Robots and automation promise to fundamentally transform our economy and society. The fear is that even as they liberate us from dangerous tasks at work and drudgery at home, they will eliminate most of the high-paying manufacturing jobs we have left today.
Canada and its metro areas, like most advanced countries, have already suffered a massive loss of good, family-supporting manufacturing jobs. Back in the 1970s, almost a fifth of Canadians were employed in manufacturing, today less than 10 per cent are.
The reality is that the new era of robots — and automation and computerization more generally — will not only likely lead to further losses of manufacturing jobs, but will hit hardest at the even larger number of routine service jobs which currently employ 6.3 million Canadians, 40 per cent of the workforce. Indeed, the jobs most at risk from future automation are not in manufacturing, but routine service positions like waiters and bartenders, taxi and limousine drivers, and retail jobs in clothing stores, department stores, sporting goods and musical instrument shops, and jobs in the motion picture and video industries.
But which of Canada's cities and metros face the greatest risk from robots and automation?
New Martin Prosperity Institute research conducted in collaboration with our colleague Shade Shutters of Arizona State University uses detailed occupational data from Statistics Canada's 2011 National Household Survey to identify the types of jobs most at risk from automation across Canada's 149 metros.
The dark purple circles on the map indicate the share of the population whose jobs are most at risk of automation; the larger the circle, the greater the risk.
The places where automation poses the greater risk to jobs are all smaller metros with between 6,000 and 50,000 total jobs. They are mainly concentrated in the manufacturing hub of southern Ontario, where seven of the 10 metros most at risk are located in this region.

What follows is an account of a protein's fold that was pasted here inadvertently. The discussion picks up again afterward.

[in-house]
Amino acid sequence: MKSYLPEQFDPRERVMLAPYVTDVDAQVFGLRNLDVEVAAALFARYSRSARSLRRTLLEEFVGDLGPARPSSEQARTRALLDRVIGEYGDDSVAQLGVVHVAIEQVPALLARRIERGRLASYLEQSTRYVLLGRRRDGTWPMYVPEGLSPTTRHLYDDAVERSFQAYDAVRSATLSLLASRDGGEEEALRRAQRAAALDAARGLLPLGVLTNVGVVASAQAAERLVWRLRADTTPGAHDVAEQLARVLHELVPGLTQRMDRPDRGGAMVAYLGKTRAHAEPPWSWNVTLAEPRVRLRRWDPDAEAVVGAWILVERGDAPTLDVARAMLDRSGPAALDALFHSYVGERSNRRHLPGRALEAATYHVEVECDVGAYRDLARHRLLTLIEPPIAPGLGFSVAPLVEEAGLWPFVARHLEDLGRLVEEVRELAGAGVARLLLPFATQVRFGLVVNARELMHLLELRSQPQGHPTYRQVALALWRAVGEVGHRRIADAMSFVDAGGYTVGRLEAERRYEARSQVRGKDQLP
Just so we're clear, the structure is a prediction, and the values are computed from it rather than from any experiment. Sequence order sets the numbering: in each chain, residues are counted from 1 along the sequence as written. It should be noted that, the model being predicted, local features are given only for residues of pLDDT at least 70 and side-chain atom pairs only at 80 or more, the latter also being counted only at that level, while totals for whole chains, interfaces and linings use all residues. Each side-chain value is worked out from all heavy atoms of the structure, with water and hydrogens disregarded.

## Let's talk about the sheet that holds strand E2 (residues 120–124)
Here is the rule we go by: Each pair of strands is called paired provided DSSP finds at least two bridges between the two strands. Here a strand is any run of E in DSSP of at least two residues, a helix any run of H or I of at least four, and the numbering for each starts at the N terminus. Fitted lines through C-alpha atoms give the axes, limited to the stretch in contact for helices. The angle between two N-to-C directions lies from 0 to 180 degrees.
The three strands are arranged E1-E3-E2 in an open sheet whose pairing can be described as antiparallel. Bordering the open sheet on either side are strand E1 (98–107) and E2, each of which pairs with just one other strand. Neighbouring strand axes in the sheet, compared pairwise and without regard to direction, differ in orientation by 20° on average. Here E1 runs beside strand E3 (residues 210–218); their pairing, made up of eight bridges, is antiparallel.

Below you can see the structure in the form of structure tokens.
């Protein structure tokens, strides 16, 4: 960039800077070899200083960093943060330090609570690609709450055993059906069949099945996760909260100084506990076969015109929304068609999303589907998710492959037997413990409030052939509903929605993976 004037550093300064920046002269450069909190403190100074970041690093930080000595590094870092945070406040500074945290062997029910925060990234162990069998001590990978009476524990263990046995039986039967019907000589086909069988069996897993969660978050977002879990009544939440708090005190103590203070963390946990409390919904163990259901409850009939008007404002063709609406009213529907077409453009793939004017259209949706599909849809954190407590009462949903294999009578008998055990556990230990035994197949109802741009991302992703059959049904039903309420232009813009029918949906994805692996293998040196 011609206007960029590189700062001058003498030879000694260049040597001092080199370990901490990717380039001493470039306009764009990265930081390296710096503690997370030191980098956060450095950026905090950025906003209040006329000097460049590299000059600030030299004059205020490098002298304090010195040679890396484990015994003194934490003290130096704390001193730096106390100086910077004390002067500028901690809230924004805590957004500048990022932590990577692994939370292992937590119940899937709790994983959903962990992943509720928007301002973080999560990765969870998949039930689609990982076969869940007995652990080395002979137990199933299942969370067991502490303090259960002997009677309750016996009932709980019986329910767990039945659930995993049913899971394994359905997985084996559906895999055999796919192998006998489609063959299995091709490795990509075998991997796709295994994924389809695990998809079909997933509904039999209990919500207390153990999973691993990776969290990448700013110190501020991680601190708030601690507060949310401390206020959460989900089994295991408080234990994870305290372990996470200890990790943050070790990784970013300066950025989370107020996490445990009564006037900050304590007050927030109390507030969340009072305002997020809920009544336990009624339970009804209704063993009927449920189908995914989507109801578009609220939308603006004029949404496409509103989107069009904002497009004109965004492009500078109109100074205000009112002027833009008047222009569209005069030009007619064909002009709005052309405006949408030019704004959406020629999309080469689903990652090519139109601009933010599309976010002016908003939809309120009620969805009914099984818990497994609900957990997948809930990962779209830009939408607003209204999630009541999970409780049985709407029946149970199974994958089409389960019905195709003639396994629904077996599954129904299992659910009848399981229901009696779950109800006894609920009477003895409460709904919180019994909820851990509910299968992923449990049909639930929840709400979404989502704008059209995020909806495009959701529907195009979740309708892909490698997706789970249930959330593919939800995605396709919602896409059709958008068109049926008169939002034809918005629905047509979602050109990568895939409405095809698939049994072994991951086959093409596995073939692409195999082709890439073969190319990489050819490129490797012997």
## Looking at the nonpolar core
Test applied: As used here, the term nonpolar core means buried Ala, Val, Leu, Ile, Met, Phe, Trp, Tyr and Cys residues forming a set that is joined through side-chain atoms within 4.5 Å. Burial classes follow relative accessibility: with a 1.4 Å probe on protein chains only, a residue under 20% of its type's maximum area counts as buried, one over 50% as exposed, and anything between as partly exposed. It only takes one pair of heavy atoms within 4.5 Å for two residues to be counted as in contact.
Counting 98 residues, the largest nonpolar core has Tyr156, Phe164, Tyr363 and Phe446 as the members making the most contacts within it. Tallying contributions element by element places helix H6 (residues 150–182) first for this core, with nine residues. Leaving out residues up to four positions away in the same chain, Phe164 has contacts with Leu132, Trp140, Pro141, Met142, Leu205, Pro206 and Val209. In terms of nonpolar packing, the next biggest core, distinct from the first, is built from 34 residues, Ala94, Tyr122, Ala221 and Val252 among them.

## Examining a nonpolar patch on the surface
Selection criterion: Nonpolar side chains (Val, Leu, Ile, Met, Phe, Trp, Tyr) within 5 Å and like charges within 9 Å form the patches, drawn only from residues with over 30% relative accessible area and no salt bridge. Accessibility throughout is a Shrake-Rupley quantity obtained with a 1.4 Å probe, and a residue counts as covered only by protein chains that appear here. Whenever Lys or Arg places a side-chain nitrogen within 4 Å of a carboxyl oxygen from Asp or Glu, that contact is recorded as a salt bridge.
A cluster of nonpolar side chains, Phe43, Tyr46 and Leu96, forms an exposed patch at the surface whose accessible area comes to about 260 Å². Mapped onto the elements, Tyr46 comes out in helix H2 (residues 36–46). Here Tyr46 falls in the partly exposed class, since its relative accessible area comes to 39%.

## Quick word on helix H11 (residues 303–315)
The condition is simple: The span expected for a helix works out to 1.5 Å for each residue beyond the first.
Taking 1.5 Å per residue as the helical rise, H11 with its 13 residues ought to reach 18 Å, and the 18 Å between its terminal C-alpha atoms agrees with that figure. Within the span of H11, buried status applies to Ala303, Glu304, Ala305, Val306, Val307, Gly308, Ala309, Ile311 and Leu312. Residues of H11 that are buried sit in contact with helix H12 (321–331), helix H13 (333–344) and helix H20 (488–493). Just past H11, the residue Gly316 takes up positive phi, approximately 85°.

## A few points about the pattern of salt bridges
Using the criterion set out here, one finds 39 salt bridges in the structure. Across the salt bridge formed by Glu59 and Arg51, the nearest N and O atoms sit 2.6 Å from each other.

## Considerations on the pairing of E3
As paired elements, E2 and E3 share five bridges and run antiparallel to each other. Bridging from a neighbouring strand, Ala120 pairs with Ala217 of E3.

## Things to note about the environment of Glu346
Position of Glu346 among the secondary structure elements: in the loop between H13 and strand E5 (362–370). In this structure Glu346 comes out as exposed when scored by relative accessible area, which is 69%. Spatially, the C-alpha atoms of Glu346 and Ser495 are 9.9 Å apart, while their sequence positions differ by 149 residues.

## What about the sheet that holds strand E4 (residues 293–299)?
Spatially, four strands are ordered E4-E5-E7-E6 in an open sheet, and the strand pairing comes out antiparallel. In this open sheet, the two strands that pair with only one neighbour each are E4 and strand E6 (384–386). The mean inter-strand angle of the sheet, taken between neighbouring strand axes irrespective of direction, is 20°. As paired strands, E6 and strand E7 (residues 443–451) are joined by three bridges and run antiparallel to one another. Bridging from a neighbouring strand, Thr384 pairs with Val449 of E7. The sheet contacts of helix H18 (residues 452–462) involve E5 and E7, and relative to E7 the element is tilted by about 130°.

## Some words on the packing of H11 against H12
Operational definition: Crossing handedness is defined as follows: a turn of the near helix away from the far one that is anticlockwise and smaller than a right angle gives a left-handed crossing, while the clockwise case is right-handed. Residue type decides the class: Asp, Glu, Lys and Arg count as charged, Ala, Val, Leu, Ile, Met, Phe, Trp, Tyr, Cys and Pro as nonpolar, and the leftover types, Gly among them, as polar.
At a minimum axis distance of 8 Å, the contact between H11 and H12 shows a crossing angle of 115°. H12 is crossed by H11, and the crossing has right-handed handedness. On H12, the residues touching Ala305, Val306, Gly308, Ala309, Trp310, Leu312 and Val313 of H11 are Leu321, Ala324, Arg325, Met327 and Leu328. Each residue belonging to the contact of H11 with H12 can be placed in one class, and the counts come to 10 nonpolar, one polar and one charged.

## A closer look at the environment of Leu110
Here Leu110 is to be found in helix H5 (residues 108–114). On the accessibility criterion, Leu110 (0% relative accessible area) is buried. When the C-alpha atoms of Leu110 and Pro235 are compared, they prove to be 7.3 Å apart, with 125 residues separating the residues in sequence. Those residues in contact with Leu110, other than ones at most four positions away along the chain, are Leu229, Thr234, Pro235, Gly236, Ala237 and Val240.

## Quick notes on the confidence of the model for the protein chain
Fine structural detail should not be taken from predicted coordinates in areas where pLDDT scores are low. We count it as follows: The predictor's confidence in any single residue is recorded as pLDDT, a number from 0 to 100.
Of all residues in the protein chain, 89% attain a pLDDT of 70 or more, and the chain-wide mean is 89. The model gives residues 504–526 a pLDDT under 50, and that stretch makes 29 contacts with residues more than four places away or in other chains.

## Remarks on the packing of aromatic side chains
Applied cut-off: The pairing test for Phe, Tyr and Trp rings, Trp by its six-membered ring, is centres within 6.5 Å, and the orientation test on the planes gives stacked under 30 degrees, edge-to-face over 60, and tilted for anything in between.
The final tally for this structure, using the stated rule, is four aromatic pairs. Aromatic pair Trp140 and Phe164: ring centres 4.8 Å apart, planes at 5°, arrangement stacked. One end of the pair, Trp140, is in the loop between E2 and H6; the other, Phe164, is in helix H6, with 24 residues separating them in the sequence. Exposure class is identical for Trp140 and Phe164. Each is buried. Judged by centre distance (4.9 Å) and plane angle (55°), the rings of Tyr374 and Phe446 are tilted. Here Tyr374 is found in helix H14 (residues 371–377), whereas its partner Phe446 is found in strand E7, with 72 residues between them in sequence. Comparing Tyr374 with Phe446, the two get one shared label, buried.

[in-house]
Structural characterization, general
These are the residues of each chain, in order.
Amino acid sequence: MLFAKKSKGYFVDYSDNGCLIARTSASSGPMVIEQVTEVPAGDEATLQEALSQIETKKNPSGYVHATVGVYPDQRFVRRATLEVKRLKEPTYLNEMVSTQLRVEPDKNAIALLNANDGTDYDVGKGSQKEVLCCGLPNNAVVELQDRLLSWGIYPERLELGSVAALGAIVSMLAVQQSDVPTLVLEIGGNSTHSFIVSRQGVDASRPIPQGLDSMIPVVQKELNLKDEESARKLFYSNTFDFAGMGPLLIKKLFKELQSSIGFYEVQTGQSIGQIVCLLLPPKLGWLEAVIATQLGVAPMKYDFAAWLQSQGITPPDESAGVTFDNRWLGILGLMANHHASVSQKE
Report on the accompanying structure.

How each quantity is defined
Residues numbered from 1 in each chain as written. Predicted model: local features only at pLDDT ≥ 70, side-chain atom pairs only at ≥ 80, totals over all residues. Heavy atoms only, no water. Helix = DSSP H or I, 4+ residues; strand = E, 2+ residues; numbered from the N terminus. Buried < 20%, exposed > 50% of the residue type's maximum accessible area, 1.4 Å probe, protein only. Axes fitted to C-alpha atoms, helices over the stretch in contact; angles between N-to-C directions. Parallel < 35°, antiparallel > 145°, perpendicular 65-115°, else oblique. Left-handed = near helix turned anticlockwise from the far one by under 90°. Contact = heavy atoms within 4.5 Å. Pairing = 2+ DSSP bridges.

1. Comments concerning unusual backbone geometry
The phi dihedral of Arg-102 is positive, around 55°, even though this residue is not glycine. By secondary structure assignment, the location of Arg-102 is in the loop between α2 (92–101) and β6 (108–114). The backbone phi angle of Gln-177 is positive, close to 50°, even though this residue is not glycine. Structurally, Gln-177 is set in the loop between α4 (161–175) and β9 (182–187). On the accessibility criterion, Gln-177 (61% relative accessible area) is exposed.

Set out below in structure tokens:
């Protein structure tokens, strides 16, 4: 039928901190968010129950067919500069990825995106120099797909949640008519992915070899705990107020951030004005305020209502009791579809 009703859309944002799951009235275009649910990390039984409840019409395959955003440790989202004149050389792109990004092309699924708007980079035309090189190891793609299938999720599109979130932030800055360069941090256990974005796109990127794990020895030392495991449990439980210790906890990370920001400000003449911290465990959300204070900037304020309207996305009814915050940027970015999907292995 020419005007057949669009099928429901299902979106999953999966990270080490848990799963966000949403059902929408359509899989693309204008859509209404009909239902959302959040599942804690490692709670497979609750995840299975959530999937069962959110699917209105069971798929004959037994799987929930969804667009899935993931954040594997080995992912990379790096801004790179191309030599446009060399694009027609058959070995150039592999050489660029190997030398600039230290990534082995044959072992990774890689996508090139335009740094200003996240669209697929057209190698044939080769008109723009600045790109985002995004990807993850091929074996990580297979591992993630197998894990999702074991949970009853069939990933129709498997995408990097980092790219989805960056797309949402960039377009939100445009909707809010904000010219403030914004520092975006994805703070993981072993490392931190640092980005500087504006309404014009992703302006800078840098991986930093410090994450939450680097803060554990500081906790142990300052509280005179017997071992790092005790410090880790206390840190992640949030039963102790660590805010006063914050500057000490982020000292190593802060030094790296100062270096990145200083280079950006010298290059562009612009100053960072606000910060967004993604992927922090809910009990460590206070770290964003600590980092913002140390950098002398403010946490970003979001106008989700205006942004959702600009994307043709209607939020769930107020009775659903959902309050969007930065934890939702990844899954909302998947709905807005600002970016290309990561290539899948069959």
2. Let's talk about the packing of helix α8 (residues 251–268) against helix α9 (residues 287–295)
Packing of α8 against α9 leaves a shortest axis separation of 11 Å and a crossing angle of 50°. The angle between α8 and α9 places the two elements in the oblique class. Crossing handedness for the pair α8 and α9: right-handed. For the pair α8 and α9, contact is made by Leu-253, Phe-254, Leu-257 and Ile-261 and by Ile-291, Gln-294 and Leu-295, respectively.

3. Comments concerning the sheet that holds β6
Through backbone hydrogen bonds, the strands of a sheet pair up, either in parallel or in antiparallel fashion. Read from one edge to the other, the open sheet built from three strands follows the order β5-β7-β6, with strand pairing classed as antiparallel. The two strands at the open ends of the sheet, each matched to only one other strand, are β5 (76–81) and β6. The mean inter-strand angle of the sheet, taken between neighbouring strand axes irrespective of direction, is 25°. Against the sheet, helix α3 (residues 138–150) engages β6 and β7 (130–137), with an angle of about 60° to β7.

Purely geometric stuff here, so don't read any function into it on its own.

Conversely, topping the list is Ottawa-Gatineau, which is one of Canada's most advanced knowledge economies with a large percentage of college grads and a large share of people employed in knowledge and professional jobs. Petawawa, Ont., home to a major Canadian military base, is next, followed by Kingston, Ont., home to Queen's University. Rimouski, Que. and St. John's, Nfld. round out the top five. Victoria, B.C. (a provincial capital and home to the University of Victoria is sixth. Lacombe, Alta., is seventh followed by Cape Breton, N.S., Fredericton, N.B., and Montreal.
Indeed, most larger Canadian metros face a lower risk from automation. In addition to Ottawa and Montreal, which number among the 10 metros least at risk, Toronto ranks 108 (57.9 percent), Vancouver 119 (57.3 percent), Calgary 132 (56.5 percent), and Edmonton, 120 (57.3 percent).
At the end of the day, the risks from automation fall most heavily on small metros with large shares of workers in blue-collar manufacturing and service jobs. Larger, denser cities and metros with more educated populations and greater shares of knowledge, professional, management, technology and creative jobs are far better poised to cope with automation.
The previous era of automation and "robot shock" struck manufacturing workers and communities hardest. But the next wave promises to hit more vulnerable places and lower-paid service workers in particular.
Unfortunately, automation — and the risk of job loss that comes with it — is just one more factor reflecting the deepening spatial inequality dividing the country, hitting hardest at the most vulnerable groups in the least advantaged places.
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